by Merlin Hernandez

The US Appeals Court yesterday overturned the injunction granted to Apple that prevented the sale of Samsung’s Galaxy SIII in the US amidst charges of IP infringement. This comes as no surprise since similar lawsuits by Apple in the UK and Germany were struck down in the lower courts. While I would not go so far as to say that the case was frivolous, any astute observer might surmise that all the brouhaha was more about keeping the Galaxy SIII out of the market until the launch of the iPhone 5. The entry of the Galaxy SIII in the international market was met with record-breaking sales. Apple would be well aware that US consumers can access the Samsung product through any number of websites based outside of the US. There is really no way to keep the competing product out of the market in the long term. The injunction did not bar Samsung from advertising the Galaxy SIII in the US and ads for the phone stimulated intense interest among US consumers. There is also a lucrative, long-standing relationship between the two phone giants where Samsung manufactures many of the components for Apple products. The relationship may not be cast in bronze but any fracturing could seriously derail strategic goals and timelines for both companies. Neither company would want that.

In the contemporary technosphere, OEMs like Apple, for whom innovation has been the primary differentiation strategy, have only a small window of market opportunity to recoup their R&D investment before the competition catches up. Tactics, legal and otherwise, to forestall market entry by a competitor have become par for the course – part of the corporate obligation. Apple, however, is aware that the time window is becoming narrower and they cannot rely purely on innovation to drive growth. This is already the mature phase of the smart phone life cycle where declining revenues and decreasing customer loyalty are to be expected along with sharpened competitive tactics. The issue is no longer about increasing market share – there are now too many players in the field and supply is outstripping demand driving prices down while the cost of getting the message across amidst the noise is eroding the gains from market expansion. Apple is actually opting out of the intense competitive landscape with its increased marketing and branding spend, drastic cost cuts to increase margins, and price wars.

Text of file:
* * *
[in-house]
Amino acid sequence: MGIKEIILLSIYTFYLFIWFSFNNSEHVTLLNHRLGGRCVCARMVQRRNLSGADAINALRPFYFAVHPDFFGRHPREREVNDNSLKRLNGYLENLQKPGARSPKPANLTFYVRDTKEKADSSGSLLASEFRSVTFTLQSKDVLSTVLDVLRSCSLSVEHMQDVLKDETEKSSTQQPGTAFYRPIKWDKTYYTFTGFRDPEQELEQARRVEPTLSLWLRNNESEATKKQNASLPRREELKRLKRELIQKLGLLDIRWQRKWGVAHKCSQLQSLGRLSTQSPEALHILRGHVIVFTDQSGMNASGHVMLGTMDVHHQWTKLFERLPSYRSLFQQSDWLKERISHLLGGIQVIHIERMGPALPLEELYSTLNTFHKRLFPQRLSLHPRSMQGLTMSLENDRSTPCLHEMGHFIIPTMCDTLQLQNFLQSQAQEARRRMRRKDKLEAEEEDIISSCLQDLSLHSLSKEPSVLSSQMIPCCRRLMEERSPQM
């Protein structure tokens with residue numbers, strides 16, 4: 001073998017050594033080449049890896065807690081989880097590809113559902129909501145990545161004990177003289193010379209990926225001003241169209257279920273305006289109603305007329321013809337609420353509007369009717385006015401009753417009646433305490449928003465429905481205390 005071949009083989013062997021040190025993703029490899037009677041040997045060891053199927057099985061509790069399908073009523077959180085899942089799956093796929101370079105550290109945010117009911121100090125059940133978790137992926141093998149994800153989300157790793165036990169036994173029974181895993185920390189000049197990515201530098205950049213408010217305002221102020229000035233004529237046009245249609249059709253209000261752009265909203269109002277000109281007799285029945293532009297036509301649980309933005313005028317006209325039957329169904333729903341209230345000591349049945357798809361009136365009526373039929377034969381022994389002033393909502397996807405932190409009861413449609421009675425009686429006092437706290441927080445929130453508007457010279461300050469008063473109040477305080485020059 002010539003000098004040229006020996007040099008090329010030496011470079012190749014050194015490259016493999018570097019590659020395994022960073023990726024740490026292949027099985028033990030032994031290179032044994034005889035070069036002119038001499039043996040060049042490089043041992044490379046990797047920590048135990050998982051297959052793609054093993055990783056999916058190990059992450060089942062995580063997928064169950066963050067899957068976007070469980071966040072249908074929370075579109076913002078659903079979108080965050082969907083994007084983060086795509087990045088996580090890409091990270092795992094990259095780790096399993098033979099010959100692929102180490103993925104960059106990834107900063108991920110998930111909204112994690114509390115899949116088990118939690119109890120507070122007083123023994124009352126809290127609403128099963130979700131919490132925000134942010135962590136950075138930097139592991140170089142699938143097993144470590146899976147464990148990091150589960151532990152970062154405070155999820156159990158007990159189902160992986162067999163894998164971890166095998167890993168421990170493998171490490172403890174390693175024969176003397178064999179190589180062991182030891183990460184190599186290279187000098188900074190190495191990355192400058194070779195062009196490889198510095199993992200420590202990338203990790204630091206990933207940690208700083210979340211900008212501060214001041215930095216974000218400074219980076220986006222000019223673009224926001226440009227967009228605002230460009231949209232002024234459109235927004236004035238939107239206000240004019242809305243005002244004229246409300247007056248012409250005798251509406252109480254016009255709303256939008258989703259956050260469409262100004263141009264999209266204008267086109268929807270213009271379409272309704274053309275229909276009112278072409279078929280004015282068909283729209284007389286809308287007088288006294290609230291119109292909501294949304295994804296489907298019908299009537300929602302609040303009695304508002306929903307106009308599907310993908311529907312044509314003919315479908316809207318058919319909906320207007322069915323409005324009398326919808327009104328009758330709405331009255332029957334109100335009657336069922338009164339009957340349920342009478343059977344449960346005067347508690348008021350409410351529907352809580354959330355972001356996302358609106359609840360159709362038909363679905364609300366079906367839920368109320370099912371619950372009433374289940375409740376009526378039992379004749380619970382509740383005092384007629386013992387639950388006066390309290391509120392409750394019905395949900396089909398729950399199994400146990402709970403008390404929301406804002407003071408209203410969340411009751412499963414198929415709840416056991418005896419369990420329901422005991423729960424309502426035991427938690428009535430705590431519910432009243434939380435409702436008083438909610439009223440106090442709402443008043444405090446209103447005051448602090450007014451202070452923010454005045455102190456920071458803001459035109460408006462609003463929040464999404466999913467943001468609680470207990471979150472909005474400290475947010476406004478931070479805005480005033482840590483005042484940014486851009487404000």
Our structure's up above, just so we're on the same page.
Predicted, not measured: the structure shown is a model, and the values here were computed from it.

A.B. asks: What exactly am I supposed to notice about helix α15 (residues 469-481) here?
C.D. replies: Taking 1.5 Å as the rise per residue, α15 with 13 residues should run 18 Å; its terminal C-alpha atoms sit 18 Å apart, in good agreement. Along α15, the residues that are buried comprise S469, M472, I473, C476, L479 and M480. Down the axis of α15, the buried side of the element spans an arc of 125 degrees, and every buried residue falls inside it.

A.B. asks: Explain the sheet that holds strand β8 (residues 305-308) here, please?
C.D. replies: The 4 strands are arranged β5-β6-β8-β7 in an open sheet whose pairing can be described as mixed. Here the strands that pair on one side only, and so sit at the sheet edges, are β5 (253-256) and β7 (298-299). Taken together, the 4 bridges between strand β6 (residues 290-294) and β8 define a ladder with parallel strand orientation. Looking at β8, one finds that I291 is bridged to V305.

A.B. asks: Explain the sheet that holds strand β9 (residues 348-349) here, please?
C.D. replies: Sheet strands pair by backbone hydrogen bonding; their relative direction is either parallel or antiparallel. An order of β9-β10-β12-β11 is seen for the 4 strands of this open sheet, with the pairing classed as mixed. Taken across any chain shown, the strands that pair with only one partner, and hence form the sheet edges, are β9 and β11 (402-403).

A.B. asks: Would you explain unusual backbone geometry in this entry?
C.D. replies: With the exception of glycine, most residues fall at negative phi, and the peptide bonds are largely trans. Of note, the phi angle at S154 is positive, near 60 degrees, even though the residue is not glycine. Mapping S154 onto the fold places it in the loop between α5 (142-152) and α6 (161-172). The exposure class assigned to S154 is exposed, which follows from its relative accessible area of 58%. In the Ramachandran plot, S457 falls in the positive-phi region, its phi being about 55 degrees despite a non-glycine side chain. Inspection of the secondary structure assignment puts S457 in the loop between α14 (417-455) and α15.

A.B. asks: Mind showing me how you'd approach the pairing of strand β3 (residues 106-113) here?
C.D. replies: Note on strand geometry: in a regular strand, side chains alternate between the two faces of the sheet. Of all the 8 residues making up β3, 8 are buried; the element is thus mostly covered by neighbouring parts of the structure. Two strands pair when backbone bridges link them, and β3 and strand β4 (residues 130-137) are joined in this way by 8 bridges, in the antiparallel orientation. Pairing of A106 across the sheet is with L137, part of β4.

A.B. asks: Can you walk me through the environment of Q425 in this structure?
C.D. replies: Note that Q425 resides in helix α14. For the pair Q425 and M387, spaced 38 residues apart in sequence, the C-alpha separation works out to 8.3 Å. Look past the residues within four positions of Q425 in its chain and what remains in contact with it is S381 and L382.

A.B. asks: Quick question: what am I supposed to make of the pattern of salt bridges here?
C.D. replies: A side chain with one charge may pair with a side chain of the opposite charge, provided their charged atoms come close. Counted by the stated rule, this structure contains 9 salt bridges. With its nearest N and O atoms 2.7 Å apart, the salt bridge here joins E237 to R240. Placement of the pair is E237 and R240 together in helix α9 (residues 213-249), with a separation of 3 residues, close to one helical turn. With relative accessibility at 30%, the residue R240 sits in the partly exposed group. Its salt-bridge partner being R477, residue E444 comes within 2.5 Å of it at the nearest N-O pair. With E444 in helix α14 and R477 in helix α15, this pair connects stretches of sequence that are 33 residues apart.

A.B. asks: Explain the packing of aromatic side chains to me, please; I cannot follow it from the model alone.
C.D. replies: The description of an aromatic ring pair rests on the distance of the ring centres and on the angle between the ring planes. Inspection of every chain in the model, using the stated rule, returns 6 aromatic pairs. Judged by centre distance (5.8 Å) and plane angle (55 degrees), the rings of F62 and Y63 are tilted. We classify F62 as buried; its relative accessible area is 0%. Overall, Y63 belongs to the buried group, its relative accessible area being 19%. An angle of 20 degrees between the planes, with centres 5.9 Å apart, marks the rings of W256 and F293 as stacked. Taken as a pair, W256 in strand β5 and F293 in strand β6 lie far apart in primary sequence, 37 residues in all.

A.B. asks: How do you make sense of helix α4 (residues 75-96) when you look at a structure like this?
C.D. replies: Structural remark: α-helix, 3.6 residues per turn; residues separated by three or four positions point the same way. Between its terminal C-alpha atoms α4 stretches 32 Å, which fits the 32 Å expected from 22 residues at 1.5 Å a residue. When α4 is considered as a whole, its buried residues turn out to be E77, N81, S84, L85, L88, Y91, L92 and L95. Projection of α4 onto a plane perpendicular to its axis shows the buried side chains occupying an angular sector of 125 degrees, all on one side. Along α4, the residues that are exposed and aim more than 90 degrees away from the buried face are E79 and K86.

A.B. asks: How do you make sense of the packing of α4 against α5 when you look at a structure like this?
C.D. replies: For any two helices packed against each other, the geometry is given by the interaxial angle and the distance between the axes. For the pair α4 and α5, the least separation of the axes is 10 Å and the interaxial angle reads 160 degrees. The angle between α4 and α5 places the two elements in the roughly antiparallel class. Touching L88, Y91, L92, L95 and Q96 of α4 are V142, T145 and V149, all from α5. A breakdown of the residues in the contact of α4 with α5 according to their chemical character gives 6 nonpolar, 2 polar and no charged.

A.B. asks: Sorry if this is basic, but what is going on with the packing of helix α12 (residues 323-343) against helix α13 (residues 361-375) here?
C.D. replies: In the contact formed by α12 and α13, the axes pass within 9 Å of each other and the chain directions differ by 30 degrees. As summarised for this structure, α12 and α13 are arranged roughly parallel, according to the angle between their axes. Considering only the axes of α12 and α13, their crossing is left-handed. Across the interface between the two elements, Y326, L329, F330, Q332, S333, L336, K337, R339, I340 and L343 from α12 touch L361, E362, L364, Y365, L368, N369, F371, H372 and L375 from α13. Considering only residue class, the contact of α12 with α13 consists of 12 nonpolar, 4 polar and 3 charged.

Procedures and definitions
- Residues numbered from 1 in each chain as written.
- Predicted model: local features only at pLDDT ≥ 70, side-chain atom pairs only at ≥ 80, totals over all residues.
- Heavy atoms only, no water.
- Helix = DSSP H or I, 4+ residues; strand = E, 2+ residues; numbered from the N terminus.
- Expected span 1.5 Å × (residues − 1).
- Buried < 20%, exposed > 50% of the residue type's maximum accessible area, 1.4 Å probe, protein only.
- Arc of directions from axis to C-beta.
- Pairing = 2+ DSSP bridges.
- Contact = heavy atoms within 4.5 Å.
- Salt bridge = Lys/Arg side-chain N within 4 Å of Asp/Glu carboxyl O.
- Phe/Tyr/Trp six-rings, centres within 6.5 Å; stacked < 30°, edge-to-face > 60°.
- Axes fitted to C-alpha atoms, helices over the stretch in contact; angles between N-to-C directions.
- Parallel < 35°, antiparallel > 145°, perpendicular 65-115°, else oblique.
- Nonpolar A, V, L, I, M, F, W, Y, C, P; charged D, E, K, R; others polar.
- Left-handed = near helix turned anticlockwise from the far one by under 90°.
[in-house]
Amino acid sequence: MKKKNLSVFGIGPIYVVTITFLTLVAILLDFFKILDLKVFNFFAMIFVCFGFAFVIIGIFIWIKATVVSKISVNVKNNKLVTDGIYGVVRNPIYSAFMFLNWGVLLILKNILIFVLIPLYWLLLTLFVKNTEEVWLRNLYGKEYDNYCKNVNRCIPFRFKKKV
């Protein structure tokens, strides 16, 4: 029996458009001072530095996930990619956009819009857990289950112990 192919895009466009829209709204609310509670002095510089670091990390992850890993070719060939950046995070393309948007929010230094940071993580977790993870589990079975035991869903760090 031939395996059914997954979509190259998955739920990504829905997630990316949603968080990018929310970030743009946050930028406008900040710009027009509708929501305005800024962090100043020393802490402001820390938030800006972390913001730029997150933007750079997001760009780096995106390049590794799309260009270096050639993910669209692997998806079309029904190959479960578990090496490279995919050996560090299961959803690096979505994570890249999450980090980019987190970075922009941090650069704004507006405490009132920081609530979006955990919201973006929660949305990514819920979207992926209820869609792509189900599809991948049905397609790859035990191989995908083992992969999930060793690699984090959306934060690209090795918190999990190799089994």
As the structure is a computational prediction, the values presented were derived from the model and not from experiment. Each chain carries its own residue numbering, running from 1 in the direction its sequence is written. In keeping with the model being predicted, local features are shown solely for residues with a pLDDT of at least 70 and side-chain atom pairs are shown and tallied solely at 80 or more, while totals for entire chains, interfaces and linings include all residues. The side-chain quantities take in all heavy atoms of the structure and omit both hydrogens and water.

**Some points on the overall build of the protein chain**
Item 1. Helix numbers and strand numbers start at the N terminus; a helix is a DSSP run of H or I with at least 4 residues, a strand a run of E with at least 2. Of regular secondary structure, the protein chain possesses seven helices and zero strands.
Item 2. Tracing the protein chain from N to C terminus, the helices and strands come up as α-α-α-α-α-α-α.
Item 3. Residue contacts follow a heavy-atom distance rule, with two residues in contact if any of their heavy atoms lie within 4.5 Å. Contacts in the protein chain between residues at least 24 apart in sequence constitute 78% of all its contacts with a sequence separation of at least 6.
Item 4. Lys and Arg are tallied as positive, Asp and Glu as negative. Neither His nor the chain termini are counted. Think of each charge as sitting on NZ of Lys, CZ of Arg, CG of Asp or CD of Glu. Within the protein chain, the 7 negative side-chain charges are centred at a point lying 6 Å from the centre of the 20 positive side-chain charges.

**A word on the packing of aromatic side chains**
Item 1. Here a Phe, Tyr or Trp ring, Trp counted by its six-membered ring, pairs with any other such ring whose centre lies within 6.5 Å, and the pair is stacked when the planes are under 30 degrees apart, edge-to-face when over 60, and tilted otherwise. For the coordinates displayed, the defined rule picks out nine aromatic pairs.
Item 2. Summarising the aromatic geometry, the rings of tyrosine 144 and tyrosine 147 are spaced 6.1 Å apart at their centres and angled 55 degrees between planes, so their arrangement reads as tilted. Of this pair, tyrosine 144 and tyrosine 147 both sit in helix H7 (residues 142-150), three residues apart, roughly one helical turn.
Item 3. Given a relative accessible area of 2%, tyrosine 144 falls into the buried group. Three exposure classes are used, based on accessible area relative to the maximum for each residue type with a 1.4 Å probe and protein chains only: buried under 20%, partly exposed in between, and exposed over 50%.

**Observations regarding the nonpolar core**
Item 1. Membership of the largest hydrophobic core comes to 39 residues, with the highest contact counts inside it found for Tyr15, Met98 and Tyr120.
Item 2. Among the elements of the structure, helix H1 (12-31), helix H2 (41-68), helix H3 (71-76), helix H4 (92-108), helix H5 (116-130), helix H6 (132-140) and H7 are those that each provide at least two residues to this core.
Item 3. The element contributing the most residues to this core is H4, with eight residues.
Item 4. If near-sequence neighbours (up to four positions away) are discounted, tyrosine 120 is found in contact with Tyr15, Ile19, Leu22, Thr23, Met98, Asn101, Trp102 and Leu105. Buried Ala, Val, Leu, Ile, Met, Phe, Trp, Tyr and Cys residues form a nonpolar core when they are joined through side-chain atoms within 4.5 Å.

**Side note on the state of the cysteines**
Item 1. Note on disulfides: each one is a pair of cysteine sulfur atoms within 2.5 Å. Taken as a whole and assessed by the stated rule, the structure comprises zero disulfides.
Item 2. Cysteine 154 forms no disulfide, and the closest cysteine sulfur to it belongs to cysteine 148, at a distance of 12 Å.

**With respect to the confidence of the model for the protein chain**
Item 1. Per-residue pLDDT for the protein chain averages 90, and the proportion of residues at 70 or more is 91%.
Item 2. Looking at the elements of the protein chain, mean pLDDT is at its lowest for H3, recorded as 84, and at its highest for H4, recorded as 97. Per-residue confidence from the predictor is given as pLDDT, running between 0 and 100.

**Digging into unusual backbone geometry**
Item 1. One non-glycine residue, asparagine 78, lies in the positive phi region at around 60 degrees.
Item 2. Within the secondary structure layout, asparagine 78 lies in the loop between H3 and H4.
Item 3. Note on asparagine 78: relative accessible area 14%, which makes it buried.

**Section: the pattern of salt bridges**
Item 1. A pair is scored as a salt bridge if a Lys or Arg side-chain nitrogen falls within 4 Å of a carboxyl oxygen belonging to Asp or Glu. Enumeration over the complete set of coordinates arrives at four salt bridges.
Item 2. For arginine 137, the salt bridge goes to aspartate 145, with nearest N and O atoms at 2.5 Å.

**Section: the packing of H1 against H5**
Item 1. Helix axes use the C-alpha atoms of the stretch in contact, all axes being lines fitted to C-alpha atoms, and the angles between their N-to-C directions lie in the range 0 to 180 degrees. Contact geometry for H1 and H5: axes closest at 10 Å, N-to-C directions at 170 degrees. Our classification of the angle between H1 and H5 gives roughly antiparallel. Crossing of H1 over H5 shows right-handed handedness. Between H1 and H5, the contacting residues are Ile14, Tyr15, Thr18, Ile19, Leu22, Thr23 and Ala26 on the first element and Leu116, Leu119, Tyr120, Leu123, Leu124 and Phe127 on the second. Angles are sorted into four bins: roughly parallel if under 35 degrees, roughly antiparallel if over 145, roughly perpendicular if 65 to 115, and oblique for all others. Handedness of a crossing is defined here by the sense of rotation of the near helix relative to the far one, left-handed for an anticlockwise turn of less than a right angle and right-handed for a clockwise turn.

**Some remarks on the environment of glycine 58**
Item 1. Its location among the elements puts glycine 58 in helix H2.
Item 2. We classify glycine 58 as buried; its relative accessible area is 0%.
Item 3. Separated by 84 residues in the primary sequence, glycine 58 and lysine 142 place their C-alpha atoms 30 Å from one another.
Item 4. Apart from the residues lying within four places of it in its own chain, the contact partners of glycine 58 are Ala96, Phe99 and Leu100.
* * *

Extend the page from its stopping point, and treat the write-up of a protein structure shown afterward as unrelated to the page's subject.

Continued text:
But value creation and customer loyalty will drive market retention and repeat buying of product and upgrades. In other words, the strategy is go deep, not wide. Apple’s new emphasis on value creation through a hyper-responsive customer service culture intensifies the customer relationship in a different kind of demand orientation that is less concerned with market forces and more reliant on customer intimacy. Apple has re-defined its value map to offer a superior service product in conjunction with cutting edge technology. This will provide the traction to extend the market lead for Apple’s new product beyond the competitive entry of the Galaxy SIII which is positioned right up there next to the iPhone 5.

With Samsung’s earlier launch in the international trade, the lawsuit gave Apple a head-start in the domestic market as retailers, even in e-commerce, adopted a wait-and-see posture. The Appeals Court decision saw a slump in Apple stock, closing at $630 down from $646 yesterday but it was an overall roller coaster day with the Dow closing down 19 points. Apple stock did get a major boost after the lower court victory against Samsung last August so this dip might just be a leveling off of the stock.

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